Typically, businesses and other financial institutions with strong credit ratings issue commercial paper. Commercial papers are discounted, unsecured, redeemable at face value securities. These sorts of securities are comparable to promissory notes in many aspects. Profit is the amount of money remaining after all expenses have been deductible.

Benefits of Liquid Funds

If you work in the financial industry and require a short-term investment vehicle, you may choose to investigate liquid mutual funds. The objective of these liquid mutual funds is to provide investors with as much security as possible while also maximizing their returns. Here are some of the benefits of liquid funds are mention below.

Reduced Risk

All of a liquid fund’s assets are invest in bonds issued by reputable government entities. Due to this, there is a low likelihood of getting wounded. In addition, because they are debt instruments, they have the reputation of always returning principal and interest to their owners.

Having Sufficient Cash Flow in and out

These funds are ones that have a low probability of defaulting and can be redeem immediately. Typically, you have no more than one day to redeem an item. Due to this, there is a great deal of money that can freely circulate in these types of funds.

Rapidly Redemption of Liquid Funds

To put it another way, the investor may sell the assets whenever he desires prior to the maturity date. If he withdraws from the programme within the first week, he must pay a nominal charge to receive a refund.

The price is reasonable.

Regarding investments of this nature, the expenditure ratio is usually invariably below 1 Percent. Due to the efficiency of their cost structure, they are able to provide investors the maximum rate of return permitted by law. These funds are high-security debt products, are the way to go if you wish to recover your investment capital.

Profit Increases During Inflation

Due to this, liquid assets are also an excellent option when inflation is high. [Requires citation] The Reserve Bank of India (RBI) raises its interest rate to lower the amount of money in the market when inflation is high. This is done to prevent price fluctuations. As a result, this facilitates the maximization of readily available funds.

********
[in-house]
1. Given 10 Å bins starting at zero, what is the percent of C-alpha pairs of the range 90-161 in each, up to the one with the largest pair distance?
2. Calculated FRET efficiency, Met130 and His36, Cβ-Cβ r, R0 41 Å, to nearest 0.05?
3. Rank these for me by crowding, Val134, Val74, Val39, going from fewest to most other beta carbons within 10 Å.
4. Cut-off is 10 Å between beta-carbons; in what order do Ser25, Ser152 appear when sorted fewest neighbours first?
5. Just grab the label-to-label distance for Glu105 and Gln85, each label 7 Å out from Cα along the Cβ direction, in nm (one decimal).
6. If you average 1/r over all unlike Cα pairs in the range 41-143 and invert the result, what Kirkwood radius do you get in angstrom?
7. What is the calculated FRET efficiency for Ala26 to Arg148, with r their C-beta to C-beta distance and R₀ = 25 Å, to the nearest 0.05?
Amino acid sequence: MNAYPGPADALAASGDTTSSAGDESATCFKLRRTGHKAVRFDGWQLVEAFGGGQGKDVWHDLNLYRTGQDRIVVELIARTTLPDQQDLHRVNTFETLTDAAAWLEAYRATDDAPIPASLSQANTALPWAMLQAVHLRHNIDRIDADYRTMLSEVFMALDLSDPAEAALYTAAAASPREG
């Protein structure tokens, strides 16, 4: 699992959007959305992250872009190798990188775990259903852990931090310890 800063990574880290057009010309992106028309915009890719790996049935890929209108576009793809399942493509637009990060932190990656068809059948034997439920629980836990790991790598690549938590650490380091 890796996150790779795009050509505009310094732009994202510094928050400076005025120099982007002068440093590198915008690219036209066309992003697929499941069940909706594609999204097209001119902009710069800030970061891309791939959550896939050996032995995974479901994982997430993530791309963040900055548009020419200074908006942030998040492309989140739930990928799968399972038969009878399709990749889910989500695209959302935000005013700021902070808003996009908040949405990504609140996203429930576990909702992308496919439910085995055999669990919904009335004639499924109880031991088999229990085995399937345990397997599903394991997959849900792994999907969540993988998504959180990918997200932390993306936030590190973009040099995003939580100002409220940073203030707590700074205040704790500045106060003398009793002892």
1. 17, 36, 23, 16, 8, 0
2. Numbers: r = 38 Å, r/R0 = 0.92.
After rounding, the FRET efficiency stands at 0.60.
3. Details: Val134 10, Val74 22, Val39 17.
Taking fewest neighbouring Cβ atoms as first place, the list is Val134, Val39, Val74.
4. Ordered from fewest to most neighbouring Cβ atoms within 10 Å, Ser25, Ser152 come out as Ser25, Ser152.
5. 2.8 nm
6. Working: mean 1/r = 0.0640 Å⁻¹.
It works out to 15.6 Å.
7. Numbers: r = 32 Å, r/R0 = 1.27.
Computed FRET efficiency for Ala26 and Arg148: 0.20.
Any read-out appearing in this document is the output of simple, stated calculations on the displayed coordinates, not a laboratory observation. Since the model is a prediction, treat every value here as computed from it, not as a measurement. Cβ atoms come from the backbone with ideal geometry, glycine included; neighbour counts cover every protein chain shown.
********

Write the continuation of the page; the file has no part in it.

Limitations of Liquid Funds

This is an excellent method for making short-term deposits because the benefits are modest but the danger is relatively low. Once we’ve discussed the advantages of liquid money, we can move on to their potential limitations of liquid funds.

Exit Load of Liquid Funds

There is no minimum holding period, but a “exit load” cost applies if the investment is sold prematurely. If investors withdraw their funds from the plan within the first week, they will be chargeable. However, it is crucial to highlight that these fees are typically unobtrusive and do not interfere.

Low Returns

When you invest in a liquid fund, you often receive a lower return than you would with more lucrative investments. This is one of the most important reasons why you should not invest in a liquid fund. Consequently, investors that chose liquid funds for their portfolios miss out on the opportunity to earn substantial returns by investing in high-return funds.

Conclusion

Because regulatory bodies impose stringent criteria on the underlying investments of these types of liquid funds, their portfolios are very liquid. Therefore, they are an excellent option for short-term investments. Due to the fact that liquid funds do not have a fixed maturity date, they are preferable for investors with a flexible time horizon and provide the possibility of larger returns. Fixed-term, fixed-return debt investments, on the other hand, have both a fixed return and a fixed term.